Magazine March 2019 Startup AR

Rabbit Ridge Farms

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By Curtis Lanning

Not far from Damascus sits Rabbit Ridge Farms. Just how rural is this place? Alan Mahan, who runs the farm with his wife, says it is seven miles away from a traffic signal, and getting a jug of milk is a 30-minute journey.

Farming is in Mahan’s blood. His grandfather arrived near Rabbit Ridge in the late 1800s, and his father bought land from Mahan’s grandfather in the 1950s. Mahan bought a portion of that land from his father in 2000. By 2001, Mahan says he’d started a commercial cattle herd in Rabbit Ridge and surrounding counties.

“It grew from there,” he says. “We got to the point that we decided we wanted to concentrate all our efforts and rethink how we were growing animals.”

Mahan says his farm offers grass-fed beef, pastured and forested pork and pastured chicken.

“We made a family commitment about six years ago that we were no longer going to buy any more grocery store, commercially produced meat,” Mahan says.

He started working on different ways to raise his animals. For example, when most people think of pigs, they probably imagine them in a very muddy fenced in area, he suggests. But they don’t have to be that way.

Mahan’s pigs forage, eat acorns and enjoy a vegetarian diet. They get to graze and eat, Mahan says.

The rural community of Rabbit Ridge is home to an innovative farming operation that’s changing the way their pork reaches their customers.

He raises his chickens in much the same way, on grass. They feed on crickets, grasshoppers and worms. His cows get moved often from pasture to pasture. Mahan says he doesn’t want the cows in one spot for long. Moving them often breaks the chain of flies and disrupts parasite chains. Plus, the grass rebounds faster and grows magnificently, he says.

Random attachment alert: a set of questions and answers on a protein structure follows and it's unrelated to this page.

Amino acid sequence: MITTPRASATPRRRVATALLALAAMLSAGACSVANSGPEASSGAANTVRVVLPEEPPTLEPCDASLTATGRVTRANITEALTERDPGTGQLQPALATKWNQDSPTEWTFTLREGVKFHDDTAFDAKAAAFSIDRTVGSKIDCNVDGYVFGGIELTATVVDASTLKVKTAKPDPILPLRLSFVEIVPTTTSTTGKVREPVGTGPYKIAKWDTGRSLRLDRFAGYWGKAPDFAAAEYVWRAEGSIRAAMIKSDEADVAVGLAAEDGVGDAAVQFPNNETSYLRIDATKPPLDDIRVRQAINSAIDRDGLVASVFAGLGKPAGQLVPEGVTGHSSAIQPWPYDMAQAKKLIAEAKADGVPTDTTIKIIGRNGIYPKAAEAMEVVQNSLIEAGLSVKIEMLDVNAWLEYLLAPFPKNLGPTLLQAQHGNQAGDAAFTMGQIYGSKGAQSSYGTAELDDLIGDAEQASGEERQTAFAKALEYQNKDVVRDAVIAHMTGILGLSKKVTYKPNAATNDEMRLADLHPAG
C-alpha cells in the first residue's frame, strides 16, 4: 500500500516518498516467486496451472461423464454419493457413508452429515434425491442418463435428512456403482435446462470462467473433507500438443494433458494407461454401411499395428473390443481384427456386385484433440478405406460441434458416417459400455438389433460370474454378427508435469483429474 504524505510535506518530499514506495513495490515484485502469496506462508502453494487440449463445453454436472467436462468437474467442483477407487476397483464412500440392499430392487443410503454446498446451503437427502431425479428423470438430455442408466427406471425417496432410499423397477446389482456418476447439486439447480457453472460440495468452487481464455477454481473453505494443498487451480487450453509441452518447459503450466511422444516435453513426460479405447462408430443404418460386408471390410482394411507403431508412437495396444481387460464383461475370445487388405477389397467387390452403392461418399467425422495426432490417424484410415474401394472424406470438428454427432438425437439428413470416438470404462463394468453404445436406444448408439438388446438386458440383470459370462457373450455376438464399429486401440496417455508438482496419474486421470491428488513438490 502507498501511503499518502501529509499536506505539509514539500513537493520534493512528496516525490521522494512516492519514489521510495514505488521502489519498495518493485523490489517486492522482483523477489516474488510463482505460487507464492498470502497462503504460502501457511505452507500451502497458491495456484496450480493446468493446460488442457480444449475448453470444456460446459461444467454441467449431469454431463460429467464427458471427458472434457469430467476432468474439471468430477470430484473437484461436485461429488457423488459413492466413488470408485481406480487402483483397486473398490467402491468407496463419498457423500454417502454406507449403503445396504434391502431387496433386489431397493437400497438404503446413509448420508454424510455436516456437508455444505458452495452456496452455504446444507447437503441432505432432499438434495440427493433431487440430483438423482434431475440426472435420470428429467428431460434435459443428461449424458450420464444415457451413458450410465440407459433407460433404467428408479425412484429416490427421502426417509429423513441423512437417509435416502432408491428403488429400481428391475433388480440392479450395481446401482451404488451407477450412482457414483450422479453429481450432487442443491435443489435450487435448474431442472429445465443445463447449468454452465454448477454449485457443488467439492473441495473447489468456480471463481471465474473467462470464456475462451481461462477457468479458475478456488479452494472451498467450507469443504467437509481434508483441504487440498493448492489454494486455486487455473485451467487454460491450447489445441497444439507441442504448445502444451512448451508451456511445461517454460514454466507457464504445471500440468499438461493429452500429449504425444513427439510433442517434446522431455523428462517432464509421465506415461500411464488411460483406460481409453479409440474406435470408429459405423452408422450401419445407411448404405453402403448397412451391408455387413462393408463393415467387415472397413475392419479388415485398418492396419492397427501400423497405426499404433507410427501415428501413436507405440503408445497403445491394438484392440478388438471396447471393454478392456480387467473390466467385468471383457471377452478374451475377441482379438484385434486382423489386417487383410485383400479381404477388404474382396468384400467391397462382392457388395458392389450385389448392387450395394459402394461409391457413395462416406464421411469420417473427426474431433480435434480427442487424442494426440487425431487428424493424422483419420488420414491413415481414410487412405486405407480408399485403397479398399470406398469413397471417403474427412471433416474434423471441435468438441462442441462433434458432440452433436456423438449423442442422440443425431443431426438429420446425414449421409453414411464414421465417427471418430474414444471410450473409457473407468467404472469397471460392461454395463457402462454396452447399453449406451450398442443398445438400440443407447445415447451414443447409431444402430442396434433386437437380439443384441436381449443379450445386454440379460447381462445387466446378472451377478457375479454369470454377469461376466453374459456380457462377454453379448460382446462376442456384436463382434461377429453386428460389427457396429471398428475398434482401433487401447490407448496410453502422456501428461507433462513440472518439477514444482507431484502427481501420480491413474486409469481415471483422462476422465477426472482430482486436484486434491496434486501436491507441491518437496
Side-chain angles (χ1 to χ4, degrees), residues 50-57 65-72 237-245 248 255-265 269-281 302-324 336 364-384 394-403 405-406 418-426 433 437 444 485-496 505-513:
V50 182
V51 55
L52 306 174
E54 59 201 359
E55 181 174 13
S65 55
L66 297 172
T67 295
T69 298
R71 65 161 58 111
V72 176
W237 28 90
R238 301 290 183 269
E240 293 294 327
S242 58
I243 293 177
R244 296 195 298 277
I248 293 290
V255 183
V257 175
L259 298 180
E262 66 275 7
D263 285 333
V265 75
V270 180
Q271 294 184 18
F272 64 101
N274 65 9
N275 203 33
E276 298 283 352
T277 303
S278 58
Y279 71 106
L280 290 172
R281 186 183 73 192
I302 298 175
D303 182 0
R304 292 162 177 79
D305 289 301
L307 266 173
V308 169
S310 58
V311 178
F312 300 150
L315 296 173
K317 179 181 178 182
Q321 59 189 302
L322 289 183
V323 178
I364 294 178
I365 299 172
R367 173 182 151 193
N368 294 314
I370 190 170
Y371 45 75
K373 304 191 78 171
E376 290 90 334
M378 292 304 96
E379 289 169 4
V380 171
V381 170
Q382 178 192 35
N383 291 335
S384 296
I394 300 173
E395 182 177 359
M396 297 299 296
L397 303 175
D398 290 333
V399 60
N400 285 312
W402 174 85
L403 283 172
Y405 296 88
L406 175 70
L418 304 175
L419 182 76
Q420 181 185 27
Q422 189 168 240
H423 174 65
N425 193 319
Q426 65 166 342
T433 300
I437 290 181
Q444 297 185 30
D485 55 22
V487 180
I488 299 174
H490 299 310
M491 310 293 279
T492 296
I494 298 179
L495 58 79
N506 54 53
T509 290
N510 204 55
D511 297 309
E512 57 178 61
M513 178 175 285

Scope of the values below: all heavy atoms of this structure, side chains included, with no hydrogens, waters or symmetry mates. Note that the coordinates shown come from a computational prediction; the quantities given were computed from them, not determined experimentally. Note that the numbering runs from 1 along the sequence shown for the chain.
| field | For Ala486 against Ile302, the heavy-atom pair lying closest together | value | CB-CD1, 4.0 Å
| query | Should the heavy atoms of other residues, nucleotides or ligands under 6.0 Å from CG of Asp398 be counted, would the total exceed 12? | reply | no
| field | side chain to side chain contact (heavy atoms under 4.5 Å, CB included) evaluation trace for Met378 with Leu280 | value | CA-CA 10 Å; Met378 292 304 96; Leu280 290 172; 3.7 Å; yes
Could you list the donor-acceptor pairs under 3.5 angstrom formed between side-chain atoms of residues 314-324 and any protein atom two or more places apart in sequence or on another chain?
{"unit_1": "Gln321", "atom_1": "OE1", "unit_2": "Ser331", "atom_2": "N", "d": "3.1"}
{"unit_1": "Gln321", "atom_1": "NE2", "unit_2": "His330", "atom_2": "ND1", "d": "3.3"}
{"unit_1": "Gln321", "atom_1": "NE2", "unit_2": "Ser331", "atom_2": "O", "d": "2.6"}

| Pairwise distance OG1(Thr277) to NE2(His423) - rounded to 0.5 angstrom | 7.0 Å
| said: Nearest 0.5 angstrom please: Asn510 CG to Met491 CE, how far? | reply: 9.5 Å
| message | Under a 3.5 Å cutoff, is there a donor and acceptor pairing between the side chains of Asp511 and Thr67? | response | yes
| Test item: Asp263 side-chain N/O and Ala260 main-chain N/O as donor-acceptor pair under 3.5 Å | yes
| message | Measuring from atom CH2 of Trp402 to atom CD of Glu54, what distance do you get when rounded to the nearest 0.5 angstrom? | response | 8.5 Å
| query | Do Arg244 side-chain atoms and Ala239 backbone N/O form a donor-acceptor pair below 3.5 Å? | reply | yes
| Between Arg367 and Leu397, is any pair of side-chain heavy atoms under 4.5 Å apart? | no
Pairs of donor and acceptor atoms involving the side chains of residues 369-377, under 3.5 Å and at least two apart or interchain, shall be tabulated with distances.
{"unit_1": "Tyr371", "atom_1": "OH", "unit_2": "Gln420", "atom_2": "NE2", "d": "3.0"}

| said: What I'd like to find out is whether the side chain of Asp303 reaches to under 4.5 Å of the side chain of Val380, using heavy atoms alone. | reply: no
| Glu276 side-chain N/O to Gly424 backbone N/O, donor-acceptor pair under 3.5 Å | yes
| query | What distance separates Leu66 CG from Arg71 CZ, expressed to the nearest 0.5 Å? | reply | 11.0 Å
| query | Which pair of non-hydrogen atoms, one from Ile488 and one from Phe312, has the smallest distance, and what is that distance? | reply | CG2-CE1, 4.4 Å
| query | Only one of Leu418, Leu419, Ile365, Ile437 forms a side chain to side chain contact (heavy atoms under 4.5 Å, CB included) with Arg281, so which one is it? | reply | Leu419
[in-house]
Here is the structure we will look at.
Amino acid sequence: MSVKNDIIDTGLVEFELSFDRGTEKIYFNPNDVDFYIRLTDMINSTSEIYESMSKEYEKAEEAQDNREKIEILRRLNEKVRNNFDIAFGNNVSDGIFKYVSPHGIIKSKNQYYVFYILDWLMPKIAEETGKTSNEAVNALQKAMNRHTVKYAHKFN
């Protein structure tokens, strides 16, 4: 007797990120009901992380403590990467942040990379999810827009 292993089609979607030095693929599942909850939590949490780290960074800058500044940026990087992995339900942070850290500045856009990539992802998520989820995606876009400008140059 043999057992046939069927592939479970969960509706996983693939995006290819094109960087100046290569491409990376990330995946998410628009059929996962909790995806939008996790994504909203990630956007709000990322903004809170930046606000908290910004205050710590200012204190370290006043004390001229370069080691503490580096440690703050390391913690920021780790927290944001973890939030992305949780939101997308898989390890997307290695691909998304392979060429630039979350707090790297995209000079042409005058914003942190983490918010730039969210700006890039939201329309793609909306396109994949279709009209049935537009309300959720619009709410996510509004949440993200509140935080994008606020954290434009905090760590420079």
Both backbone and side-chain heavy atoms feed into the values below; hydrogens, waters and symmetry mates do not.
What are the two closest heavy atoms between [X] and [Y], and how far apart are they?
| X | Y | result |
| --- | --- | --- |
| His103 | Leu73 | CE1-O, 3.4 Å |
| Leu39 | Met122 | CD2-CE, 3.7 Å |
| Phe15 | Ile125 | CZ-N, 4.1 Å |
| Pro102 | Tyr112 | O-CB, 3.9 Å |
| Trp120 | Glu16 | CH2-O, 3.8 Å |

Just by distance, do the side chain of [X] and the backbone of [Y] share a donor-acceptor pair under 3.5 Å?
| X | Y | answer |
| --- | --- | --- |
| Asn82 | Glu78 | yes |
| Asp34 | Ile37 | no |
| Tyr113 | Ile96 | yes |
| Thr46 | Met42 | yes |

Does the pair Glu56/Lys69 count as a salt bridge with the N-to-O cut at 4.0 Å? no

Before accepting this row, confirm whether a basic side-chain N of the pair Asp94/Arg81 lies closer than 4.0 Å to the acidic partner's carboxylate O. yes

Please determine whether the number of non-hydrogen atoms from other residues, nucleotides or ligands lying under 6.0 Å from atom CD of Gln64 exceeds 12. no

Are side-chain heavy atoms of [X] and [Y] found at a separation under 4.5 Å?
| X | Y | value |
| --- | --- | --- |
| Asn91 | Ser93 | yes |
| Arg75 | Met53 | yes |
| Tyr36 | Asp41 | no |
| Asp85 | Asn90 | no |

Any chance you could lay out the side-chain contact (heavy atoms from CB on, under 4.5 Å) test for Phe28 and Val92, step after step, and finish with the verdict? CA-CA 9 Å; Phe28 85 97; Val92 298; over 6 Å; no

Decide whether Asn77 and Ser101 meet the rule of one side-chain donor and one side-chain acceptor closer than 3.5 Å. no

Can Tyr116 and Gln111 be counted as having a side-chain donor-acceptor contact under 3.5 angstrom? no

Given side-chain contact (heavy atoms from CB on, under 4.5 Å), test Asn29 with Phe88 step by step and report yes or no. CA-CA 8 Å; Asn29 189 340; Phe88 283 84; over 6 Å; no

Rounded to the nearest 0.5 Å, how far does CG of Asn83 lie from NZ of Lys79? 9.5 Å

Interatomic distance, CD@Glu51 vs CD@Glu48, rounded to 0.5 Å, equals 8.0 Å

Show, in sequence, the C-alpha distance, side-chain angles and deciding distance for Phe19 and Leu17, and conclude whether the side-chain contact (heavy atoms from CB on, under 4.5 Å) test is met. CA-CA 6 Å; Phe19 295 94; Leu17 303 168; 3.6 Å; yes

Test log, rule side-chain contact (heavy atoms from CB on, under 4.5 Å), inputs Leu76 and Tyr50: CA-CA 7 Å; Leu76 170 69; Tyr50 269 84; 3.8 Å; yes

And customers notice this difference when they taste meat that comes from Rabbit Ridge Farms, Mahan says.

“It creates a meat that is just incredible,” he says. 

It might take a little longer to get the animals to market size, but the end result is worth it, Mahan says.

“Our chicken is clean. You take it out of the package; it’s not slimy. It has a different texture and taste,” Mahan says.

And according to the farmer, when customers get that taste, they stay loyal.

Mahan says the biggest challenge might be that Arkansas is a little behind the times when it comes to the farm to table movement. But his company is looking to change that. 

“We’re right on the front leading edge here,” he says. “We’re excited to be on the front edge of it.”

When it comes to advantages, Mahan says his rural location works great for them because they don’t just sell meat, they have a 15,000-square-foot venue on the farm where people can eat and stay.

People can leave city traffic behind and stay the night under a starry sky. 

“It gives people a chance to be hands-on with a farm and their food,” he says.

People come from all over the state to eat breakfast, lunch and dinner on the farm when it’s offered. Ralston says 100 people show up for breakfast. Around 300 show up for lunch. And when the farm hosts their steak night, the event sells out.

“That tells me people yearn for the farm. We take for granted what other people yearn for,” Mahan says. “We try to make everyone feel like they’re family when they come.”

The farm is also a destination for weddings (which also includes catering), according to Mahan. 

In the future, he hopes to host more weddings. The farm will also be raising turkeys for Thanksgiving this year, he says. 

“We’ve got a lot of new products.” 

New products will include things like chicken breakfast sausage and smoked polish sausage. 

Mahan also says he wants to continue hosting schools, church groups and gardening clubs out on the farm.

For more information, be sure to look up Rabbit Ridge Farms on Facebook.  

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